Today went a little something like this:
1. Wake up, get dressed, go to school. Rain.
2. School. More rain.
3. Lunch. Still raining.
4. School. School ends. Raining harder.
5. 5:00 pm leave school. Pouring.
6. Get to my car. My back-seat window is down. The rain continues.
My window is open. Like all the way down. And the rain from the entire day has welcomed itself into my car. Hmph.
At this point, I had two choices:
A - Pout and freak and moan and groan because something is wrong with my car and it's cold and raining and this is the worst thing like literally ever like oh em gee.
B - Deal with it and drive home.
I chose B. And on the way home, I thought (because apparently that's what people who write in blogs do?)
Whichever option I chose, I would still need to drive home and my window would still be broken. Whether I cried or not, I still had a 45 minute drive and there wasn't anything I could do to change this. So, I pressed the gas pedal and began. Of course, I got that thud-thud-thud noise you get from having a back window open, so before I knew it, I had three cracked windows...driving home...in 40 degree weather...in the pouring rain...for 45 minutes. But that's okay. I turned up Keith Urban and kept going.
My point is that life throws weird or wacky or crummy or irritating situations at us. Sometimes, there's nothing we can do about it except to keep going. Our attitude is essentially the only thing we can change or choose, so why not choose "happy"? Too often, it seems as though people allow a spilled coffee or frustrating email or a little traffic ruin their day. Why?
As one of my friends would say: "Either you run the day, or the day runs you."
About five or so years ago (realistically, it could have been anywhere between 2 and 9 years ago because I have no concept of time), my dad said something to me that stuck.
We were in Florida waiting for a shuttle to take us to Disney World. At this point, I was single and ready to mingle. By "single and ready to mingle", I really mean "single and this kinda stinks because who really wants to try to meet people and go on crummy dates?" Blugh.
Anyways, my dad said "Hey, you might meet the love of your life today."
For some reason, it stuck with me for all of these years. Why?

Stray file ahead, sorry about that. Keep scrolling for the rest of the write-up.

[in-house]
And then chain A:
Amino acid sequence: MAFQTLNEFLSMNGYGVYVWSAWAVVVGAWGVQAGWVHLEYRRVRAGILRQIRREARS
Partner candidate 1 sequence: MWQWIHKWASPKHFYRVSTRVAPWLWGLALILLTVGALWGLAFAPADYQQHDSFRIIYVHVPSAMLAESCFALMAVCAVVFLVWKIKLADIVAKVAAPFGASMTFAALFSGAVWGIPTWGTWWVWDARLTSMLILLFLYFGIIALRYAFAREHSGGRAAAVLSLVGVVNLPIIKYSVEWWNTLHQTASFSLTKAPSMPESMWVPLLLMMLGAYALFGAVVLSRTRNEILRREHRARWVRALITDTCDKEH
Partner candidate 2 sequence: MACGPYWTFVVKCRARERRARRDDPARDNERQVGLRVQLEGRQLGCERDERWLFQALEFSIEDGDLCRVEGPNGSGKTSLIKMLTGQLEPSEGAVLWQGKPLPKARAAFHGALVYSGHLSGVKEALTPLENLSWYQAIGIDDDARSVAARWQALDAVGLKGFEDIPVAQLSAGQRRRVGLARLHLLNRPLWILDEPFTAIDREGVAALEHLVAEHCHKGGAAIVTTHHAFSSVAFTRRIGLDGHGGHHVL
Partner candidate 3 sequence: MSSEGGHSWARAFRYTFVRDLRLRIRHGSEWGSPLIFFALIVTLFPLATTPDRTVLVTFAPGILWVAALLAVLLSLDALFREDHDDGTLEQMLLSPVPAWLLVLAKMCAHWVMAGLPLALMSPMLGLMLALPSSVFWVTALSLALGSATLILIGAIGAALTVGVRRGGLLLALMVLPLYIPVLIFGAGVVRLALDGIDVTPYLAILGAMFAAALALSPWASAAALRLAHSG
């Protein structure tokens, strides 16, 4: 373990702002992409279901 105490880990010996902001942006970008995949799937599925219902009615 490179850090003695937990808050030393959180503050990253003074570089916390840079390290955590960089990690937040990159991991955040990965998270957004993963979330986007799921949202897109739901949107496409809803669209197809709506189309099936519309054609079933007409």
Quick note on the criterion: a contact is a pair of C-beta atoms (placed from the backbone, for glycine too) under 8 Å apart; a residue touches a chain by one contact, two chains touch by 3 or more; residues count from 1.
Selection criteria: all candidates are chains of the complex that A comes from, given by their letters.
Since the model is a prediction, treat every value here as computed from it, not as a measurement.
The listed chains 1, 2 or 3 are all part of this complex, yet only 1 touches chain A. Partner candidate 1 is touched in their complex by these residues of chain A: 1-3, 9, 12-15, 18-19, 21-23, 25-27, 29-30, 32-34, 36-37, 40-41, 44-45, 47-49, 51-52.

The coolest thing about this statement is the positivity that floats all around it. Today, I might meet the person who I will love for the rest of my life. And hey, if it doesn't happen today, tomorrow presents another "today" for the opportunity to happen all over again. Well, I'm blessed in that I met my man love and so I'm no longer on the hunt for this person. But can't this simple phrase be extended into so much more?
Today, you might get a job.
Today, you might meet a new friend.
Today, you might have an awesome workout.
Today, you might change someone's life.
Today, you might learn something new.
Today, you might inspire someone.
From time to time, I remember this little sentence my dad said to me years ago. I remember it, I think about it, and I apply it to whatever that day might hold for me. Once we all start looking at "today" as a time for great opportunities to happen, we will be golden. With this slight change of a mindset, just imagine what we're capable of.
Describe your perfect boy. Why do you love him so much? Think about it.
I don't know a ton about dating. I've always been a boyfriend kind of person instead of a "meet-a-guy-at-a-bar-go-on-a-date-find-out-he's-nuts-and-onto-the-next-one" kind of person. But, from what I hear about dating, interviewing seems like it's pretty much the same deal.
I've been obsessively applying to teaching jobs every single day, multiple times a day. I've been researching job fairs. I've been gallivanting around New Jersey in my new suit from Express, and I've gotten three interviews from the whole process so far. Not too shabby, if I don't say so myself. From my experience, I've come to one major conclusion: Interviewing and dating are basically the same...exact...thing. Here's why.
Before The Interview:
Candidate (single person) obsesses over finding a job (a mate). Every day, we look online and talk to friends to see if they know of an opening (have a nice, single friend).
At The First Interview:
Day 1. Candidate (single person) meets the interview-er (prospective spouse). Candidate practices the perfect hand shake (flirtatiously twirls hair), highlights all of his/her best features, maintains great eye contact, and is the best person they can be. Interview (first date) ends feeling pretty good and candidate wonders where it's headed.
The Waiting Game
Interview (first date) is over. Candidate (single person) obsesses over each answer and wonders if there was something better that could have been sent. Candidate (single person) dissects the follow-up email (text message) for clues to see if interview-er (prospective spouse) actually thought it went well. And at the same time, candidate (single person) has to think if this company (prospective spouse) is the right match. If this continues, this could be a very big commitment.